Against all odds, the principles once symbolised by these buildings (and their distinctive doors) live on despite the inevitable urban evolution.
Built between 1874 and 1894, the Sheffield Technical School was an example of Victorian prosperity. At the time, this city was known for its steel manufacturing, particularly for its production of high grade silverplated flatware and cutlery (made by a process called Sheffield plate). In fact, by the end of the nineteenth century, Sheffield cutlery could be found across the globe. You can still find it… stamped with Sheffield makers marks and etched on the blades of those old knives with bone handles like those I recently blogged about. But, I digress….
The Technical School was set up primarily as a science school to train young men in the skills (pattern making, brick laying, engineering, foundry work, etc.) that would support the city’s manufacturing businesses. The architectural style of the building is described as English Renaissance Revivalist. It is the second building in Britain (the first being Parliament) to have an extensive internal system for heating, ventilation and air purification. The door, an impressive portal to the science school, reflects this ornate style.
The school was extended on one side between 1894 and 1899 to include a Central School, a public school for young children. Being in the middle of an industrial city, just behind City Hall, the school’s playground was located on the flat roof, two floors above. The main entrance was impressive, although not as elaborate as the Science School.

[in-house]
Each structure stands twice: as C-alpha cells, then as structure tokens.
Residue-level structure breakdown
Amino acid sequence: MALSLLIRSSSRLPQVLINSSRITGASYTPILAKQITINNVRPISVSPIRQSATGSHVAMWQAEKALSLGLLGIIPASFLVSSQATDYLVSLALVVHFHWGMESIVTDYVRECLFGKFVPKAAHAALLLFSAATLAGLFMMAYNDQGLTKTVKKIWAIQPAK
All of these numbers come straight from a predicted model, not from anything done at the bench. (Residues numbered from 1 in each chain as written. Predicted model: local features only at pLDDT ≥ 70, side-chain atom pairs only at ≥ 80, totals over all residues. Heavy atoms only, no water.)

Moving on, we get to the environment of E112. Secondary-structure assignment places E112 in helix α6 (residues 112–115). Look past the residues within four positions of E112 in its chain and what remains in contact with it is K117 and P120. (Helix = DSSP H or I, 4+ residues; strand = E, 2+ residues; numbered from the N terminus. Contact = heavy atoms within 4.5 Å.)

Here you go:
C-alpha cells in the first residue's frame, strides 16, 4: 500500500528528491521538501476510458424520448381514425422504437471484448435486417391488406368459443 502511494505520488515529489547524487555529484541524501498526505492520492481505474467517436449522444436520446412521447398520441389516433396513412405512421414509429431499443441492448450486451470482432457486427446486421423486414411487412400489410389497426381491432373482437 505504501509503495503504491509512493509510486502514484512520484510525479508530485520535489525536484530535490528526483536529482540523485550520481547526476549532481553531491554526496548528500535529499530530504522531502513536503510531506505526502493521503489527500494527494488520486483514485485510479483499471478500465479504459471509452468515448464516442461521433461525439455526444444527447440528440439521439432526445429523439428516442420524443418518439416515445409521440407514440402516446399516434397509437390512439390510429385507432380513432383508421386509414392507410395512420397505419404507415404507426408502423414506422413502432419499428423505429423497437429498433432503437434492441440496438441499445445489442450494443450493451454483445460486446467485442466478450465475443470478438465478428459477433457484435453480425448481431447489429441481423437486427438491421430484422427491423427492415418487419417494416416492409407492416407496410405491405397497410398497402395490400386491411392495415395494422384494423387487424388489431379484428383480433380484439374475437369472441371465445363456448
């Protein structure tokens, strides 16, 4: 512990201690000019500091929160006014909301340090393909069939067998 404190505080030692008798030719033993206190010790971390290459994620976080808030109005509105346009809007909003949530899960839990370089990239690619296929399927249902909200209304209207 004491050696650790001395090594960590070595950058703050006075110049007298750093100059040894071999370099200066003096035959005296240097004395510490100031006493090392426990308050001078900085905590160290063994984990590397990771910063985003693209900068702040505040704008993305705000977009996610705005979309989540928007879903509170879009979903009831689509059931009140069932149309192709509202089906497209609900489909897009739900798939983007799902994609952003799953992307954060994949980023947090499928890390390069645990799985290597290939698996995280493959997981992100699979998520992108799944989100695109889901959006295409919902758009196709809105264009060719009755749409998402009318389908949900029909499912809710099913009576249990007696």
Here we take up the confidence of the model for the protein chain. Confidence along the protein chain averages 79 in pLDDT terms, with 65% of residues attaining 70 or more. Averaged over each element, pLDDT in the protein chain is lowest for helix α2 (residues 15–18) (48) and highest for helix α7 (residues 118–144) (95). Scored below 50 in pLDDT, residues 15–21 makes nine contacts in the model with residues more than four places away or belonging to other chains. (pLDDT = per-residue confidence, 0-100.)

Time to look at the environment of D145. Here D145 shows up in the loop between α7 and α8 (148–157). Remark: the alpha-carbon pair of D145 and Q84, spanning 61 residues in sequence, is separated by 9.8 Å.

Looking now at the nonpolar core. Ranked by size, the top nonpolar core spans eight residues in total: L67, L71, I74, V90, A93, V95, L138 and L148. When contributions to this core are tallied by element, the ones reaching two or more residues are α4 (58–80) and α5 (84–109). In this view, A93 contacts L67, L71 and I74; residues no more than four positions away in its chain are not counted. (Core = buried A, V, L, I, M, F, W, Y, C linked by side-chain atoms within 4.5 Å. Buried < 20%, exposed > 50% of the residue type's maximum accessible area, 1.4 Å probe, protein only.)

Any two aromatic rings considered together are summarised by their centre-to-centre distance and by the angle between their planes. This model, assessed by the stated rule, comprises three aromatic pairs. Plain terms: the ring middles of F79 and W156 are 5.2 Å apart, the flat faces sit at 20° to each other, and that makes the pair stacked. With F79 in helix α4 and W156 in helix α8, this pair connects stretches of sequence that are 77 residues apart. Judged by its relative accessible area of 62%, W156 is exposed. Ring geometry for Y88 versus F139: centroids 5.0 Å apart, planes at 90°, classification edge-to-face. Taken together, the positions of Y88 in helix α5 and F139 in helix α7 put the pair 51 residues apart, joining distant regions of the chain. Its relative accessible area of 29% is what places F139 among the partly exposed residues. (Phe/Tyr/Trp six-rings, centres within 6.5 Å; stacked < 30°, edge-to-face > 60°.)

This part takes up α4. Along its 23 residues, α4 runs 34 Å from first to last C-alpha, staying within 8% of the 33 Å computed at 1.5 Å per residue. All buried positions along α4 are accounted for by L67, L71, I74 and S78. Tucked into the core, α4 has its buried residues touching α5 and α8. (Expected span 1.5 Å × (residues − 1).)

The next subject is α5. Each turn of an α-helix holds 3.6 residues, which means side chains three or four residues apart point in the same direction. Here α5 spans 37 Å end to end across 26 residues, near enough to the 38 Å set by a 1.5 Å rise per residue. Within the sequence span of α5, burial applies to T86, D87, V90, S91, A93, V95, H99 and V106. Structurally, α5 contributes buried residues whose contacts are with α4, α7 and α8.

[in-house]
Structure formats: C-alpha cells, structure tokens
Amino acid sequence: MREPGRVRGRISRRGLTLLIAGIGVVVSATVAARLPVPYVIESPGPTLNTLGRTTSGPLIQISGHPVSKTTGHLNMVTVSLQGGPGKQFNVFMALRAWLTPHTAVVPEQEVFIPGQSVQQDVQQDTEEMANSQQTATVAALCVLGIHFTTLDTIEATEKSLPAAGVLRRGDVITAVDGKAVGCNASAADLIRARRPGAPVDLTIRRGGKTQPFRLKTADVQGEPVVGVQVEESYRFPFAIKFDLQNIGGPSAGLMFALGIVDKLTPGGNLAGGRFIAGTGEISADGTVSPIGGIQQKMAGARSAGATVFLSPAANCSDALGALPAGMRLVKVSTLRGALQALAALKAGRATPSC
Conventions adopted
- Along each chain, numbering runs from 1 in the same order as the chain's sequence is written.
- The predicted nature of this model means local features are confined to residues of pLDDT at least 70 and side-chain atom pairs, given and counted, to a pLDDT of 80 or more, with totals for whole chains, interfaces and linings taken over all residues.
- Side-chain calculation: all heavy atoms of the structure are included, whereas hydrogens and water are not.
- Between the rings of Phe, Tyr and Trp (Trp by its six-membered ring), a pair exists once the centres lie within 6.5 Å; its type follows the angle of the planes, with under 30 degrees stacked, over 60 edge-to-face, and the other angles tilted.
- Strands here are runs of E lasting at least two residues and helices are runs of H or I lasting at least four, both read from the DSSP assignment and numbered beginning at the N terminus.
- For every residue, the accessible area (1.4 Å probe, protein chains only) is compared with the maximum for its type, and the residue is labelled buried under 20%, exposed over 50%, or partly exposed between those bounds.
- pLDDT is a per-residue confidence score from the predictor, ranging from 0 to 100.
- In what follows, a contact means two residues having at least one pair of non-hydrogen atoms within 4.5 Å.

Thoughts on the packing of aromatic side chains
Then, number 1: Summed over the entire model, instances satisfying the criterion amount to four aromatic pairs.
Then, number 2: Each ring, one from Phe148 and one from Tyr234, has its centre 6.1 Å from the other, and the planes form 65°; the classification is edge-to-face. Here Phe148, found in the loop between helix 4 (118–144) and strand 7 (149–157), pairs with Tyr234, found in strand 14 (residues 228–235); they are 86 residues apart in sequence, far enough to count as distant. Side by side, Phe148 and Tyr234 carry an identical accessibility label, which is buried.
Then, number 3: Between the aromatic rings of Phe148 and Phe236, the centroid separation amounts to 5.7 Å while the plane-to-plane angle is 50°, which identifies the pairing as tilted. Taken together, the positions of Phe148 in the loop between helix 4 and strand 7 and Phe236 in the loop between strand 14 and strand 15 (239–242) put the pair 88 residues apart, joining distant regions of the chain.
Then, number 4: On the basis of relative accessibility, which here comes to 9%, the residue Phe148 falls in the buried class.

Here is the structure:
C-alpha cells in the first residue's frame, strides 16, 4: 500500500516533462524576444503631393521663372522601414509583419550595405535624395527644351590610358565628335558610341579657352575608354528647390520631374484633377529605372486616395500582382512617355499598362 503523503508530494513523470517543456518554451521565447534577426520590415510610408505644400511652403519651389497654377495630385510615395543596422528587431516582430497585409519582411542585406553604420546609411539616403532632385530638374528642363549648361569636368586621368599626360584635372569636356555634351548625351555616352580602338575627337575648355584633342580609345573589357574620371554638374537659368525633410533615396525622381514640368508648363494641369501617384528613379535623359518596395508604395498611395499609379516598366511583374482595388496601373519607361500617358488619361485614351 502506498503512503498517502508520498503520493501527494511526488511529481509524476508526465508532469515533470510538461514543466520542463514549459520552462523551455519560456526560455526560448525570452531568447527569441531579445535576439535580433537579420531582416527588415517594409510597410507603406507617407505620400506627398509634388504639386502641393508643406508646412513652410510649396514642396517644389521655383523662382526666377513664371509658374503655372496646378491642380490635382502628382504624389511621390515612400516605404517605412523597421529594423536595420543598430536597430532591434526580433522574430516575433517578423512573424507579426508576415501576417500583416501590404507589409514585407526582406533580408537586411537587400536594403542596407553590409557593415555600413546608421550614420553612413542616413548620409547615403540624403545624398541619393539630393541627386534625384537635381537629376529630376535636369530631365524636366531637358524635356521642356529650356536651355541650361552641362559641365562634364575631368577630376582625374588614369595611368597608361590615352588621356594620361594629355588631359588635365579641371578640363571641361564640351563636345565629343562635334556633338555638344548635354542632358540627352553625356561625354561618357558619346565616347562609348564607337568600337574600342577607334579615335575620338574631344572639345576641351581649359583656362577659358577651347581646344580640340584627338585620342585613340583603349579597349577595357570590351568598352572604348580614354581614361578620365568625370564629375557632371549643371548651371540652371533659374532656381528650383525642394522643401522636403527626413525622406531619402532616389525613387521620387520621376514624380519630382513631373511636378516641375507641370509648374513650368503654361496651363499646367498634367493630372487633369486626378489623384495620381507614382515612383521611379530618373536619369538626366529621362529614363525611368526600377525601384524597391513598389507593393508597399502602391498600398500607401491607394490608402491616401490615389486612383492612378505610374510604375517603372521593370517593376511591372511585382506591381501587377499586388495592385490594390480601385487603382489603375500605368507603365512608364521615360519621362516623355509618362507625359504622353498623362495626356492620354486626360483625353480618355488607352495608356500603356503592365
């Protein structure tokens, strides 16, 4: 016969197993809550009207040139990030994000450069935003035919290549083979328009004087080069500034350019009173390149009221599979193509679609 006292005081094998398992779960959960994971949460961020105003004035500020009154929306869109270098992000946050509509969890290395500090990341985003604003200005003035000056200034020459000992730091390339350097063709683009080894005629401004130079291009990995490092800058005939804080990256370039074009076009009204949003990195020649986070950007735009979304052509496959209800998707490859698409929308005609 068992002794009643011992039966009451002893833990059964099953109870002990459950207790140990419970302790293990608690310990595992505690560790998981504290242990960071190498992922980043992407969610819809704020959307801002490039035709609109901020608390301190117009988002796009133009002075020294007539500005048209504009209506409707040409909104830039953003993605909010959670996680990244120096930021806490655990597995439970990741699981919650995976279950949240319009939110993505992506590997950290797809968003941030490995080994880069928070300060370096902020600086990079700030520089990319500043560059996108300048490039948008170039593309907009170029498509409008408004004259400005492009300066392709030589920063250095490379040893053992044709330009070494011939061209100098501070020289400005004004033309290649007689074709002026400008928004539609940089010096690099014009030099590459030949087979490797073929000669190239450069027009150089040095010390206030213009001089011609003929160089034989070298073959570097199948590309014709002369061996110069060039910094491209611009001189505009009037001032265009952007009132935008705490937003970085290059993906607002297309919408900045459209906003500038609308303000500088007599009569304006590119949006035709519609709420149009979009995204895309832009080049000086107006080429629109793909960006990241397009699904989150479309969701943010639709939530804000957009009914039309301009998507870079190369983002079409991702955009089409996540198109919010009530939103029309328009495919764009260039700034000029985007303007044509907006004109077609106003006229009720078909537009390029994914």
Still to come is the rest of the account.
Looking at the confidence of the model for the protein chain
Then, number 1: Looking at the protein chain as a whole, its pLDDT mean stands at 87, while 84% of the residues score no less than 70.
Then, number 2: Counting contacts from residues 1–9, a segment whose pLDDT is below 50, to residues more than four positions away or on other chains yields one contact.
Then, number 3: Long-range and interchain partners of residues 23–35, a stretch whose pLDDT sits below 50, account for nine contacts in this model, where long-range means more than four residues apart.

Additionally, both girls and boys each had entrances, flanking either side of the main entrance.
These once proud doors – portals of learning – with their elaborate stone carving are blackened from more than a century of industrial soot. They are now back doors of bars, restaurants and a hotel – businesses that face the square on the other side of the building. They provide areas to park rubbish, act as fire doors and exits, and back doorways leading to multiple office spaces above.
The Central School closed in the 1930s and for a while served as a grammar school and then the headquarters of the city’s education offices before being developed for commercial use. By then, numerous state schools were flourishing around the city – the legacy of that Victorian Central School. And the Science School? In concept, it became part of Sheffield University. So, the ethos of these schools live on elsewhere in the city, but these doors remain as testament to their origins.
Against all the odds: The Daily Post’s Weekly Photo Challange
Also check out: Norm’s Thursday Doors.